Tourism grapples with funding loss

Written by Bill Rautenstrauch, The Observer June 02, 2010 12:27 pm
With finalization of the City of La Grande’s 2010-2011 budget coming up June 9, Union County Tourism is hoping the city council will have a change of heart about tourism promotion funding. During contentious deliberations in May, the city budget committee eliminated $95,000 in funding for Union County Tourism and the Blue Mountain Conference Center. The UCT executive board believes that’s a bad move, and is looking to get at least some of the funding restored.

“I feel abandoning the program would be a mistake,” Sandy Sorrels, a UCT board member who served on the city’s budget committee, said during an executive board meeting May 21. “I think we should get at least some money from the city.”

Union County Tourism, the non-profit organization that promotes and supports the local tourism industry, has lived mainly on allotments from the city and Union County. The agency was counting on $70,000 in funding from the city this year.

During the UCT board meeting, Executive Director Janet Dodson presented, at the board’s request, budget projections that included best and worst-case scenarios, and a couple in-between.

 With full city funding this year — and assuming the county funds the program — UCT would have $130,000 to spend on its basic tourism program; at 75 percent of city funding it would have $113,000, and at 50 percent the amount would be $95,400.

With the city funding cut to zero, total on hand would be $59,600. That’s not nearly enough to make an effective tourism program, Dodson said.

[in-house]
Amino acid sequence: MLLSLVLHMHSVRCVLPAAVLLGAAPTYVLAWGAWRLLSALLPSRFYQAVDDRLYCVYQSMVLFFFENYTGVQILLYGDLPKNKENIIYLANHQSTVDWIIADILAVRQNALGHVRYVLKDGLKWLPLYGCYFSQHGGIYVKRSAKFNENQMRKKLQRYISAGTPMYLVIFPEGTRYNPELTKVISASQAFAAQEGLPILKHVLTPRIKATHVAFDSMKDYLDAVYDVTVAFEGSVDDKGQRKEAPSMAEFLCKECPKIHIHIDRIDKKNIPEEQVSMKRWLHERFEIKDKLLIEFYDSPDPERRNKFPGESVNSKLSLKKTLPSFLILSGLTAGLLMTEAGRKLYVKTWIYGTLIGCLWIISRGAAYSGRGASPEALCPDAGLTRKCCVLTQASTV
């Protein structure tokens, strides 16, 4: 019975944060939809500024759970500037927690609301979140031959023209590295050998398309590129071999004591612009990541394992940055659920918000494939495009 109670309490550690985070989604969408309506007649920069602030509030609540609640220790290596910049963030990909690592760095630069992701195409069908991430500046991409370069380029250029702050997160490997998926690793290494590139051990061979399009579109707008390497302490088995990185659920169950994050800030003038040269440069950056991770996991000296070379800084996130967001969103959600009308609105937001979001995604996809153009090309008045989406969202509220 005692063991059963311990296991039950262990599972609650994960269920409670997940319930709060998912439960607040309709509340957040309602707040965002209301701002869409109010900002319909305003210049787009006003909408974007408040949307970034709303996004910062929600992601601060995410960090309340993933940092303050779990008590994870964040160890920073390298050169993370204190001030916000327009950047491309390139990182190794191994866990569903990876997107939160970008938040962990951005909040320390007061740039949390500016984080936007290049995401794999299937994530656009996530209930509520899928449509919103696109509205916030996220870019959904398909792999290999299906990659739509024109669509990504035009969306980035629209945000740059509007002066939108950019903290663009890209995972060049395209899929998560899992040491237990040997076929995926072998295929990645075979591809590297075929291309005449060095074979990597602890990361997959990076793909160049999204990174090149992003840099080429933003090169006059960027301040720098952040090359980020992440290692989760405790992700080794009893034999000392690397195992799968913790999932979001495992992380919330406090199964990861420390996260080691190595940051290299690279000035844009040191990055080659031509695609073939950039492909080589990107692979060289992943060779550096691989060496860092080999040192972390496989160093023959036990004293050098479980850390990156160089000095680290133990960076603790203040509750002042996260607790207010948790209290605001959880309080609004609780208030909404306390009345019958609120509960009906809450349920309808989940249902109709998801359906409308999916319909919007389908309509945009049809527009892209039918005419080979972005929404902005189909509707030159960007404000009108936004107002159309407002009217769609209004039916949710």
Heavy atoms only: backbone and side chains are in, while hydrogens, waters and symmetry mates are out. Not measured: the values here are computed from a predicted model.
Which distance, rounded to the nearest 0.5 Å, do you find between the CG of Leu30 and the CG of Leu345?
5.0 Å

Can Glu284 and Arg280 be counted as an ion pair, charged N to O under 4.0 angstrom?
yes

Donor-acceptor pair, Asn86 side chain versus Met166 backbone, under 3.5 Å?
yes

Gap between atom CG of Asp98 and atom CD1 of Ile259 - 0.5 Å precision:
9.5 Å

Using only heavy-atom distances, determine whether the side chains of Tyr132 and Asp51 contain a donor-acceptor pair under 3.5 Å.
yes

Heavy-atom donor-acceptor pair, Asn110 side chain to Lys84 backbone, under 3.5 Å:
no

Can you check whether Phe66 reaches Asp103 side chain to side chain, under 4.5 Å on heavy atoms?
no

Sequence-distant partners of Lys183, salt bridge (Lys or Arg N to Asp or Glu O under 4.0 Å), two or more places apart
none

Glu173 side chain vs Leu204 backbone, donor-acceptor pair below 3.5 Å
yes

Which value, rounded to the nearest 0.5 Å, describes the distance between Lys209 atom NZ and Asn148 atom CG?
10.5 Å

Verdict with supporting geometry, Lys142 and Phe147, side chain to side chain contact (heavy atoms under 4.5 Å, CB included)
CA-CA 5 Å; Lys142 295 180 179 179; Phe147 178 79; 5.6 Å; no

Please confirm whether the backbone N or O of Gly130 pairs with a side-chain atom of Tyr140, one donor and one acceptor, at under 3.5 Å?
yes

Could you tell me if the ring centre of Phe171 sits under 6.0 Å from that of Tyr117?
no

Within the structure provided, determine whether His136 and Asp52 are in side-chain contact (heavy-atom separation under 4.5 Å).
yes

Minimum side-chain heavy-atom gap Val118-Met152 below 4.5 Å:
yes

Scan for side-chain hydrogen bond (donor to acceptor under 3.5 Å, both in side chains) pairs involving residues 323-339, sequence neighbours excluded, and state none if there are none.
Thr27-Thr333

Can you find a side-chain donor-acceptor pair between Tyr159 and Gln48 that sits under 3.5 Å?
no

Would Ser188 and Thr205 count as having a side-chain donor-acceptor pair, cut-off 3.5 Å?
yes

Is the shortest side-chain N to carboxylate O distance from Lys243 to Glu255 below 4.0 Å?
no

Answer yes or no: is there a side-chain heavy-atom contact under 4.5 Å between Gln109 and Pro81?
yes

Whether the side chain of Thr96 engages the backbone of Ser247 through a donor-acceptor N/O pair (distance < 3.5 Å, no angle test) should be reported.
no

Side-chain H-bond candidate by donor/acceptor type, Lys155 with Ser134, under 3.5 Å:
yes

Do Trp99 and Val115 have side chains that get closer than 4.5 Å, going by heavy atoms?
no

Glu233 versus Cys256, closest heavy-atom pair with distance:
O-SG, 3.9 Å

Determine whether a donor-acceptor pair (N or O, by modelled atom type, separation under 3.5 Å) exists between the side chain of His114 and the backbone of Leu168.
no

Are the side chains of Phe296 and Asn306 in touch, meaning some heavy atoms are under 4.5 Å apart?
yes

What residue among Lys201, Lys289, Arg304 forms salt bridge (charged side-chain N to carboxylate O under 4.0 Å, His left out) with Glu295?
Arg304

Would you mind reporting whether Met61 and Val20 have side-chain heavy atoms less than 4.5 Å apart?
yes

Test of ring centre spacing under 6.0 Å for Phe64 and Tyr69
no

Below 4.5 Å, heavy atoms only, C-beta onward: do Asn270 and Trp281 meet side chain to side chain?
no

“There’s a huge volume of work involved, and in my mind it has to be done if there’s going to be a tourism industry,” she said.

With no city funding, Dodson and her full time assistant director would be reduced to working part time.

Programs across the board, including marketing and advertising, publications, advocacy and networking, and attraction development and enhancement would be drastically cut.

The focus of the overall program would change, with staff working more on Internet promotion and less on print advertising.

Ads and brochures are key to the tourism promotion effort, Dodson said.

“People do use the Web more and more, but they like to have those materials on their laps when they’re driving,” she said.

If the city funding doesn’t come through, the UCT program will not be reaching out as far to touch people.

“I’ve drastically cut ad buys in every scenario, leaving only regional visitor’s guides in the zero percent budget,” Dodson said.

Advocacy and networking is another key function that will be cut back, Dodson said. She said she is reluctant to cut relations with industry groups and the state’s Travel Oregon program, even if it does mean savings in membership fees and travel.